Digital Library Digest: December 16, 2011

Posted by Ben Naddaff-Hafrey on December 16, 2011 in Digital Library Digest.

CBC’s Nora Young interviews David Weinberger about ShelfLife and LibraryCloud for Spark Radio.
“Last week, Nora interviewed David Weinberger about libraries of the future. David is a writer, a senior research at the Berkman Center for Internet and Society, and he’s the co-director of The Harvard Library Innovation Lab. Nora and David discussed two projects the lab is working on, both related to metadata – information about information – and how it impacts the ways we find and navigate knowledge.”
Listen here.

Alison Head discusses how students use digital devices in physical libraries.
Alison Head, who is spending time with us at the Library Innovation Lab as she simultaneously is a Fellow at the Harvard Berkman Center — she is the co-director of Project Information Literacy at the Univ. of Washington’s Information School — spoke with us about a new study she’s done with Michael Eisenberg [pdf] about what students are actually doing with their electronic companions when in the library during “crunch time” (two weeks before exams). Are they multitasking? Are they playing games or Facebooking instead of studying? Are they managing their devices, or are their devices managing them?”
From David Weinberger’s interview with Alison Head, “Alison Head on what students do in libraries”

Adrian Versteegh reports on social reading apps.
“Indeed, certain forms of social reading are recognizable as digital heirs to the literary salons and book clubs that sprang up with the proliferation of print. Whether the focus is on experiments in mass simultaneity—as with the Twitter-based 1book140 project (which, under the aegis of the Atlantic, aims to be the world’s largest book club), or in more intimate forums, as with BookGlutton (www.bookglutton.com), which connects readers “inside digital books” through shared annotations and bookmarks—literature is more than ever a medium for interpersonal connection. The collective wisdom of the crowd itself can be leveraged—for better or worse—through the user-generated content on platforms such as Goodreads (www.goodreads.com), or via recommendations pulled from blogs by ReadFeeder (www.thereadfeeder.com).”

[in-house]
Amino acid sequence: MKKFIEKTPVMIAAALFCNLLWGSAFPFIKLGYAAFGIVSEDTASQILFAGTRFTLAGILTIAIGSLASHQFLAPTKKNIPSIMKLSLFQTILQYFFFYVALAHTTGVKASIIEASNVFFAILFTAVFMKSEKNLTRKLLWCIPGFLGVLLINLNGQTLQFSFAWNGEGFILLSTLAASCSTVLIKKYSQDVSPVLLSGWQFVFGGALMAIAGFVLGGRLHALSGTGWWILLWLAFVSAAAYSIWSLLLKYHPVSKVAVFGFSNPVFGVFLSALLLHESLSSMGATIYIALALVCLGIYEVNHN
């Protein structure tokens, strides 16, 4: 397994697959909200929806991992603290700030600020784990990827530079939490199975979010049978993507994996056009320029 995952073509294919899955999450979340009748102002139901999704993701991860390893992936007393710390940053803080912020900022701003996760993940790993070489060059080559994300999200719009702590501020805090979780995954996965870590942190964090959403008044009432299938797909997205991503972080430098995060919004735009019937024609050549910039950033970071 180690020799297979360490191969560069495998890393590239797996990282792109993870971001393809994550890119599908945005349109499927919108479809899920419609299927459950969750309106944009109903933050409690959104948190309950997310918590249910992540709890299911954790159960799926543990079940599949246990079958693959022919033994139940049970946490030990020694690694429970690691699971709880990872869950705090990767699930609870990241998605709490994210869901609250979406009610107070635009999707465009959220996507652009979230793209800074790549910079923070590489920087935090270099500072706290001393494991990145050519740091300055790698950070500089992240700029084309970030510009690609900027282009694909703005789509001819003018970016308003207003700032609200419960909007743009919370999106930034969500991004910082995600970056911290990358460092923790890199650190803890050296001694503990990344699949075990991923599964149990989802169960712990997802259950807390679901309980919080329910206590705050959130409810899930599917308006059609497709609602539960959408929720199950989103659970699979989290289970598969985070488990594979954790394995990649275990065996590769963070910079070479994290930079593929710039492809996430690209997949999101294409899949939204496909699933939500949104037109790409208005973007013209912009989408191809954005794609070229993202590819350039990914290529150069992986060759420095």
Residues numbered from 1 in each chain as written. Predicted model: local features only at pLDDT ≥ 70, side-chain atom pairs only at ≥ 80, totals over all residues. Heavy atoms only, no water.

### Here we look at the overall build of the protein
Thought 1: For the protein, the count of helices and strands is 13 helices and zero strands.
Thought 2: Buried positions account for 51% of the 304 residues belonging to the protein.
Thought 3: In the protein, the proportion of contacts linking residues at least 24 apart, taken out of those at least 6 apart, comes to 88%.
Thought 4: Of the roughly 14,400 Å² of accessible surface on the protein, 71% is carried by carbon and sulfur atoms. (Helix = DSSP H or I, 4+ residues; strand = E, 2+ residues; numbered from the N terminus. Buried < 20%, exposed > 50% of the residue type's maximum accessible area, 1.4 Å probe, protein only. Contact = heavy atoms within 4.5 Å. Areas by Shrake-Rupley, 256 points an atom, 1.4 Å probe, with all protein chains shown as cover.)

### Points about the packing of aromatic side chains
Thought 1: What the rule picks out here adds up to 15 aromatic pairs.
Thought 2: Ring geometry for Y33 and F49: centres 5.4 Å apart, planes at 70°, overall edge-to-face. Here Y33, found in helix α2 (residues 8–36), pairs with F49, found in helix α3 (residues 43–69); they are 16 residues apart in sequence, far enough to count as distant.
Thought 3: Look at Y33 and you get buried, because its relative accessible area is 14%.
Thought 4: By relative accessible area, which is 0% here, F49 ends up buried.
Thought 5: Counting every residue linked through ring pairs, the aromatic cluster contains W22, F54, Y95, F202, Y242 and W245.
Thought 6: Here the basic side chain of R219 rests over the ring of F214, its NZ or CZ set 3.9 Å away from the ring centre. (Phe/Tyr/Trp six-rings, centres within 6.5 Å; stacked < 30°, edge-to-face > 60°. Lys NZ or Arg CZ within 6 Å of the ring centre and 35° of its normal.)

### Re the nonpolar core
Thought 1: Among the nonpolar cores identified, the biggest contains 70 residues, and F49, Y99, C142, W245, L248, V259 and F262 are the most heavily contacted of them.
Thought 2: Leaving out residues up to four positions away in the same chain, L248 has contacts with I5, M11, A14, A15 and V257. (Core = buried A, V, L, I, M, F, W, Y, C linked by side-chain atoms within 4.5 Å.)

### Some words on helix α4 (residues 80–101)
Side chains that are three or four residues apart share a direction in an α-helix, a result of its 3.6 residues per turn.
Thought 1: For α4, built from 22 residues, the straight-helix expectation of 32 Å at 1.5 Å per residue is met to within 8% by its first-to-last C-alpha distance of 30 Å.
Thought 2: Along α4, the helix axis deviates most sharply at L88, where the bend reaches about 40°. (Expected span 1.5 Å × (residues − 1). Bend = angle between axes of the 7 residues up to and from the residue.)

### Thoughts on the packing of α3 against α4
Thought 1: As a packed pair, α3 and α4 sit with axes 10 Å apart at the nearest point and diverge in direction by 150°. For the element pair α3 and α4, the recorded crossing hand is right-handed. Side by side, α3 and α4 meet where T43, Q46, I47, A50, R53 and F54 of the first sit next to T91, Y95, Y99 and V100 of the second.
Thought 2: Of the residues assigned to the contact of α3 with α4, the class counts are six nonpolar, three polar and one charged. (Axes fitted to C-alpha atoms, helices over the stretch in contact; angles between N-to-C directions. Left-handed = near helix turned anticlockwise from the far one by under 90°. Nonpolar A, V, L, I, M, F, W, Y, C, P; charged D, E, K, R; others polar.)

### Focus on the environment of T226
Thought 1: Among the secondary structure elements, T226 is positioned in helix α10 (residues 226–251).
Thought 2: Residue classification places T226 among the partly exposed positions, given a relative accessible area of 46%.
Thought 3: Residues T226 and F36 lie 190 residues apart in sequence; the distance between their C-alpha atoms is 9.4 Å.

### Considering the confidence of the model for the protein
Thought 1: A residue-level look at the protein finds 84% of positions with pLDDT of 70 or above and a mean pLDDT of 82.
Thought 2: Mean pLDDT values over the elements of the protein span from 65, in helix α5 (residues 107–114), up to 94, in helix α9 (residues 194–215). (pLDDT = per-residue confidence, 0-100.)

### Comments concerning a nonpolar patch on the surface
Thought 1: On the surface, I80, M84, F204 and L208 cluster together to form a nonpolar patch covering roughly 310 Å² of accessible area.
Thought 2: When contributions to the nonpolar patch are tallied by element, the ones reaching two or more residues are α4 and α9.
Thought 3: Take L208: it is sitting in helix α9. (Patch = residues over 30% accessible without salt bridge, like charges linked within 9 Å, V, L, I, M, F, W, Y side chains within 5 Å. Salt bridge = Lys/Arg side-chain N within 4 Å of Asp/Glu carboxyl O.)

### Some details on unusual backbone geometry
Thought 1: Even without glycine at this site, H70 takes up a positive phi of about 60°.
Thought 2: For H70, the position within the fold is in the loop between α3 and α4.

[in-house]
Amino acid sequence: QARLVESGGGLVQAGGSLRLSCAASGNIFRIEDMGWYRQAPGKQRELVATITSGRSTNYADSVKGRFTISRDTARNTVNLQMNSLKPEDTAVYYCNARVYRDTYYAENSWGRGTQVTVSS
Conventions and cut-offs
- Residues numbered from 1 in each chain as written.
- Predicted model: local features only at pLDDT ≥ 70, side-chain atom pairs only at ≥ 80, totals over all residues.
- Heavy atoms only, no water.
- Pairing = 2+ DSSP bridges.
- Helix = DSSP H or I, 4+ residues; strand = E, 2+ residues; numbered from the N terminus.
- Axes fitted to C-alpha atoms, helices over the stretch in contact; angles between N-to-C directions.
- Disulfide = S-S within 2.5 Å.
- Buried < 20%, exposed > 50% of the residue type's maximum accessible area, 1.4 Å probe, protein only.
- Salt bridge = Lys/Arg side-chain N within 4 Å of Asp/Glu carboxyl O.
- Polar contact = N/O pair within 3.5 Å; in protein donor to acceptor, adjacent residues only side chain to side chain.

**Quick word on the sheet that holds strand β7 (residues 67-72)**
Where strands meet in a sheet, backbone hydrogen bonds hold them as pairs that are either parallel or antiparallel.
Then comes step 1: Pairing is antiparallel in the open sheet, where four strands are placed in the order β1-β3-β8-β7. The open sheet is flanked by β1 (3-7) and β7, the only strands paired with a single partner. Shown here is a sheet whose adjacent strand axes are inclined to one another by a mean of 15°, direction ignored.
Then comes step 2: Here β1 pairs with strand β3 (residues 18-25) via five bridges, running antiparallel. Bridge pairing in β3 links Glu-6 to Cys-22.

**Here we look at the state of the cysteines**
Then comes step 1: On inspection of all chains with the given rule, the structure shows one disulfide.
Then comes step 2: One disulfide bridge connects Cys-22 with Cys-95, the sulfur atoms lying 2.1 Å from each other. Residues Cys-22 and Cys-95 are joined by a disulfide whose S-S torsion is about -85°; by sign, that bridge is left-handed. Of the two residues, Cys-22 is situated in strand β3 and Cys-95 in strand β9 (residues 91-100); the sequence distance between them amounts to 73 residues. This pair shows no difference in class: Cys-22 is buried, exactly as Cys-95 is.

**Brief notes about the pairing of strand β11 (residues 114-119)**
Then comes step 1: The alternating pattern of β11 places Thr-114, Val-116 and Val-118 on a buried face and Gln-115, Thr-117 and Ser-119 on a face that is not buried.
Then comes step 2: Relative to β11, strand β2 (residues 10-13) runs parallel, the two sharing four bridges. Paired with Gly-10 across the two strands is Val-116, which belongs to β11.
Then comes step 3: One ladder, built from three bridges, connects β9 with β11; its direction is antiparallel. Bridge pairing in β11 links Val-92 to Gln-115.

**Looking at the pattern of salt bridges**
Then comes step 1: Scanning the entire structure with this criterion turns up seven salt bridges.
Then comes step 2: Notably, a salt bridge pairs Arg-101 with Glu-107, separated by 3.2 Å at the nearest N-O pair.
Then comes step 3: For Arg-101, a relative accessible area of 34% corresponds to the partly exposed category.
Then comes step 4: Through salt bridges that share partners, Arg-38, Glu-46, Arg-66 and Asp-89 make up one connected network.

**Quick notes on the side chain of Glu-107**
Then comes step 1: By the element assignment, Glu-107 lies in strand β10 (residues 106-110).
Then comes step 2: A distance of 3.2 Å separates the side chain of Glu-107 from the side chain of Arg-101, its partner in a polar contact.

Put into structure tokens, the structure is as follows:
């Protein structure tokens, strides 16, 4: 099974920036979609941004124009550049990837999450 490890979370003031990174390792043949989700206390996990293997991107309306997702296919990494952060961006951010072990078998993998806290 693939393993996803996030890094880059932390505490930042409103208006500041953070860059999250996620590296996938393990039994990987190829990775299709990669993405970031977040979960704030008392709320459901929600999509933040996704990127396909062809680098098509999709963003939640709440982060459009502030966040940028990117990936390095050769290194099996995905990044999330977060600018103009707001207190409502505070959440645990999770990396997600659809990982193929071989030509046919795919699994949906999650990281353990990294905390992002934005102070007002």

From Adrian Versteegh’s post on Poets & Writers, “Digital Digest: Apps Reveal Reading’s Social Side”

Chris Meadows covers libraries lending Chromebooks.
“Certainly the Chromebook’s cloud-based paradigm makes it ideal for checkout if any laptop is. Since the device essentially acts as a terminal onto Google’s web-based services like Gmail and Google Docs, it means a user only needs wifi and his account ID to access his own services from any Chromebook (or any other computer, for that matter). But the problem is, users are still more familiar with and accustomed to Windows’s way of doing things, and that’s going to be tricky to overcome.”
From Chris Meadows’s post on Teleread, “Libraries launching Chromebook check-out programs”

Vatican Library begins massive digitization project.
“The library is taking a giant leap to the web. By using NASA technology, it’s planning on scanning 80,000 of its manuscripts…Among those selected is the Bodmer Papyri. The priceless manuscript is the first known transcription of the Gospel. Since most of the manuscripts are extremely delicate, they can only be partially opened to avoid any damage.”
Via INFOdocket’s post, “Vatican’s Library Begins to Digitize 80,000 of Its Manuscripts With NASA Technology”

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